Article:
[FIGURE 1 OMITTED]

In figure 1, let [O.sub.i] be an object in social network (i = 1 ... m), let [E. …

The rest of this article is only available to active members of Questia

Sign up now for a free, 1-day trial and receive full access to:

  • Questia's entire collection
  • Automatic bibliography creation
  • More helpful research tools like notes, citations, and highlights
  • Ad-free environment

Already a member? Log in now.

Notes for this article

Add a new note
If you are trying to select text to create highlights or citations, remember that you must now click or tap on the first word, and then click or tap on the last word.
One moment ...
Default project is now your active project.
Project items

Items saved from this article

This article has been saved
Highlights (0)
Some of your highlights are legacy items.

Highlights saved before July 30, 2012 will not be displayed on their respective source pages.

You can easily re-create the highlights by opening the book page or article, selecting the text, and clicking “Highlight.”

Citations (0)
Some of your citations are legacy items.

Any citation created before July 30, 2012 will labeled as a “Cited page.” New citations will be saved as cited passages, pages or articles.

We also added the ability to view new citations from your projects or the book or article where you created them.

Notes (0)
Bookmarks (0)

You have no saved items from this article

Project items include:
  • Saved book/article
  • Highlights
  • Quotes/citations
  • Notes
  • Bookmarks
Notes
Cite this article

Cited article

Style
Citations are available only to our active members.
Sign up now to cite pages or passages in MLA, APA and Chicago citation styles.

(Einhorn, 1992, p. 25)

(Einhorn 25)

1

1. Lois J. Einhorn, Abraham Lincoln, the Orator: Penetrating the Lincoln Legend (Westport, CT: Greenwood Press, 1992), 25, http://www.questia.com/read/27419298.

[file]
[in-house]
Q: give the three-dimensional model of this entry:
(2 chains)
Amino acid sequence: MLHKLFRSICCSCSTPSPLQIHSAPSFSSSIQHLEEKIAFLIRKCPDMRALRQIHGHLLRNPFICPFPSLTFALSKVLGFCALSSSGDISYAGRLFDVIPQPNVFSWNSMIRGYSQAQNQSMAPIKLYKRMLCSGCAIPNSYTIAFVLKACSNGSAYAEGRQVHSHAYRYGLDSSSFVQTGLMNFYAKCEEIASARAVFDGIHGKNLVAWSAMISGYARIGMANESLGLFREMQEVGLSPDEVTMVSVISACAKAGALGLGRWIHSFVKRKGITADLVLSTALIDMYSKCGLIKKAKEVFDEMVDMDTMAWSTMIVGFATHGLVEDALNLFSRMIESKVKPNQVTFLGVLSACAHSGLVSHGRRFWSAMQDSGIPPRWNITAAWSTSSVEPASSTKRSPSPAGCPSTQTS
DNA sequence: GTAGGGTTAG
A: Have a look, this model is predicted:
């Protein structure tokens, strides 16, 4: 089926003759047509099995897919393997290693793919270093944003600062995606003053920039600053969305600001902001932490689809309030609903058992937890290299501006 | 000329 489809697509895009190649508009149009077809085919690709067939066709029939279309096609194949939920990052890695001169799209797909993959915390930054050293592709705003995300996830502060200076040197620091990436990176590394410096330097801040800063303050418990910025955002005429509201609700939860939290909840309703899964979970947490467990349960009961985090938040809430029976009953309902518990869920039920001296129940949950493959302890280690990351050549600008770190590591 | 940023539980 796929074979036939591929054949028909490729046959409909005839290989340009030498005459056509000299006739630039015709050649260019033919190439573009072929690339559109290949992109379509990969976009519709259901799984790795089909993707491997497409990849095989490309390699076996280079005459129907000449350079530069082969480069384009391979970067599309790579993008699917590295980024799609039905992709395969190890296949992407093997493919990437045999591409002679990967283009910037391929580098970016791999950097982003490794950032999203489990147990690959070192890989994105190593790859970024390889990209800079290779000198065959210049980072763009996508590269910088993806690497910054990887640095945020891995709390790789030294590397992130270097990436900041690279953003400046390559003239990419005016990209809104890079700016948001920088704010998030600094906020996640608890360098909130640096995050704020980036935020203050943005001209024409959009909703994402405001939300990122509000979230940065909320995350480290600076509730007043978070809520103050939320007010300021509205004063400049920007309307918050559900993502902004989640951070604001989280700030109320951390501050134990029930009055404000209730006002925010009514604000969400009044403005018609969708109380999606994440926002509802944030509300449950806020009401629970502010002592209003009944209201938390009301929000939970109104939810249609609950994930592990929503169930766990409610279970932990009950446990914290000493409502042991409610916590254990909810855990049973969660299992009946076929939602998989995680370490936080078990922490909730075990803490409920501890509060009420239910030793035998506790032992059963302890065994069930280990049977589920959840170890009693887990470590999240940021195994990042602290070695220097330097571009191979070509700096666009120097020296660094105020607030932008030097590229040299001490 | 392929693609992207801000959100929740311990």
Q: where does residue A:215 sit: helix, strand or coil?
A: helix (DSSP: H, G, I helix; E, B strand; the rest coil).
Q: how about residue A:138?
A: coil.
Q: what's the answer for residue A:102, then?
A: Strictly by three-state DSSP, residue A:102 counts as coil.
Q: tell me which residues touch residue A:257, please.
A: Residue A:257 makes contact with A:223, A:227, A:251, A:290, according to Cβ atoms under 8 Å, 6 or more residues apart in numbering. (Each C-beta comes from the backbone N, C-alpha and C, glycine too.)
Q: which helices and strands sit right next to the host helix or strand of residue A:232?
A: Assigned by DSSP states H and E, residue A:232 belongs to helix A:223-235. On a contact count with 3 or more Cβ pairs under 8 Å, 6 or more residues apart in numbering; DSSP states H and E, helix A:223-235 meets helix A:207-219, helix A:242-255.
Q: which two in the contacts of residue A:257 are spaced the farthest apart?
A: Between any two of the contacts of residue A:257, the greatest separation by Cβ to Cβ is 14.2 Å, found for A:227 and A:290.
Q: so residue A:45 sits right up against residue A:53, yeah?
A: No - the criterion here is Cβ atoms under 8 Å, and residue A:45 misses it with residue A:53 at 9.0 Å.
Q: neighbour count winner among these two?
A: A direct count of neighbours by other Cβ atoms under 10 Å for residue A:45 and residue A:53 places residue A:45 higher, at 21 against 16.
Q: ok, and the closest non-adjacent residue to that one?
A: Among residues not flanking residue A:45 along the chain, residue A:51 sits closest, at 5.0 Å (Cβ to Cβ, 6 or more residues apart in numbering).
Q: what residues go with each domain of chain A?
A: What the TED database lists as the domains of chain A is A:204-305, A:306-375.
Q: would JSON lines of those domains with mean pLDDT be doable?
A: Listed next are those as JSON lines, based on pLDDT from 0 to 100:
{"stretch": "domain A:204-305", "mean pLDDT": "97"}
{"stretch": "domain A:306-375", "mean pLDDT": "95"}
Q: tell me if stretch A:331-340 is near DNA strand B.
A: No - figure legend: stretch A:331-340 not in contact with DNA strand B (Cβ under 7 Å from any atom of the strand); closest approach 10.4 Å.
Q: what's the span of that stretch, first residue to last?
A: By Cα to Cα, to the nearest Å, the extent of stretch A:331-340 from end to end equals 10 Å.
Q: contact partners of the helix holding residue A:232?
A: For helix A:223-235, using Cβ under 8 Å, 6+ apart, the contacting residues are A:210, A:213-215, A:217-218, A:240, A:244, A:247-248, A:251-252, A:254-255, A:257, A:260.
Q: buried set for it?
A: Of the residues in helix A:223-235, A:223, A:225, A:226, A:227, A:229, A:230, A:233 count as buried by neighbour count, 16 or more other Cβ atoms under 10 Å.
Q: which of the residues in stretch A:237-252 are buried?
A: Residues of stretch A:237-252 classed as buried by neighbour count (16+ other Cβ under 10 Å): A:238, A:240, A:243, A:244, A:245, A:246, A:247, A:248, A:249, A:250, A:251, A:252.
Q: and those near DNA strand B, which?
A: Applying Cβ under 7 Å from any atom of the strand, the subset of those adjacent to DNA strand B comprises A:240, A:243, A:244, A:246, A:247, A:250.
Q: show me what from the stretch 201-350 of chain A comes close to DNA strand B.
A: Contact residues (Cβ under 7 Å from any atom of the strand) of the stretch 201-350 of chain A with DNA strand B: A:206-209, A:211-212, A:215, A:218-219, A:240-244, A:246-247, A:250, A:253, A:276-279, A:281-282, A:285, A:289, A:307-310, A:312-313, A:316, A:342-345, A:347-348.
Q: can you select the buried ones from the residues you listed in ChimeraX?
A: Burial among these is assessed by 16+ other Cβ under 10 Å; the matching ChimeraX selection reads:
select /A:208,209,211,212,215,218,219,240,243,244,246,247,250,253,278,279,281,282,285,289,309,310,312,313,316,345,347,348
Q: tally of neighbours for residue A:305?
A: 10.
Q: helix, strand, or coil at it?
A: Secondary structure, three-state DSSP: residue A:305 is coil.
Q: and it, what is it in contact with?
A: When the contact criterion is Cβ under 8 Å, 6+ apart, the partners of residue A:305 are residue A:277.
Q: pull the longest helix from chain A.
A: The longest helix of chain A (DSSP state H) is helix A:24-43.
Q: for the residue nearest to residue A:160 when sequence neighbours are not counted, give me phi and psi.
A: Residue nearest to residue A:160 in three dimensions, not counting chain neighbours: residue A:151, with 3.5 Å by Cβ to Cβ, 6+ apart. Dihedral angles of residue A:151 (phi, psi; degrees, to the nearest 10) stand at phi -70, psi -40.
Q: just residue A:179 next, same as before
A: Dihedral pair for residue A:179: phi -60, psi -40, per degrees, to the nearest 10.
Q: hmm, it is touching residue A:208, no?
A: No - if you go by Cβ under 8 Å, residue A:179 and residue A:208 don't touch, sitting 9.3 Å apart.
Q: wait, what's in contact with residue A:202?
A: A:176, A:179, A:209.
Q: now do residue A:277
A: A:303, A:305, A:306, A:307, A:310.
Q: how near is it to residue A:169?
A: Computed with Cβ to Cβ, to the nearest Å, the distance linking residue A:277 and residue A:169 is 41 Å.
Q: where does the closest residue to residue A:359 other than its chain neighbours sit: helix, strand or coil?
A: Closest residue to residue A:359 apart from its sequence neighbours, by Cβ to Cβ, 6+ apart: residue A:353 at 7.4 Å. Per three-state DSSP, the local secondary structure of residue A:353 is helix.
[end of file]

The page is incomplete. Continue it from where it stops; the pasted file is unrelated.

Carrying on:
Cited article

Social Network Analysis Based on BSP Clustering Algorithm
Settings

Settings

Typeface
Text size Smaller Larger Reset View mode
Search within

Search within this article

Look up

Look up a word

  • Dictionary
  • Thesaurus
Please submit a word or phrase above.
Print this page

Print this page

Why can't I print more than one page at a time?

Full screen

matching results for page

Cited passage

Style
Citations are available only to our active members.
Sign up now to cite pages or passages in MLA, APA and Chicago citation styles.

"Portraying himself as an honest, ordinary person helped Lincoln identify with his audiences." (Einhorn, 1992, p. 25).

"Portraying himself as an honest, ordinary person helped Lincoln identify with his audiences." (Einhorn 25)

"Portraying himself as an honest, ordinary person helped Lincoln identify with his audiences."1

1. Lois J. Einhorn, Abraham Lincoln, the Orator: Penetrating the Lincoln Legend (Westport, CT: Greenwood Press, 1992), 25, http://www.questia.com/read/27419298.

Cited passage

Welcome to the new Questia Reader

The Questia Reader has been updated to provide you with an even better online reading experience.  It is now 100% Responsive, which means you can read our books and articles on any sized device you wish.  All of your favorite tools like notes, highlights, and citations are still here, but the way you select text has been updated to be easier to use, especially on touchscreen devices.  Here's how:

1. Click or tap the first word you want to select.
2. Click or tap the last word you want to select.

OK, got it!

Thanks for trying Questia!

Please continue trying out our research tools, but please note, full functionality is available only to our active members.

Your work will be lost once you leave this Web page.

For full access in an ad-free environment, sign up now for a FREE, 1-day trial.

Already a member? Log in now.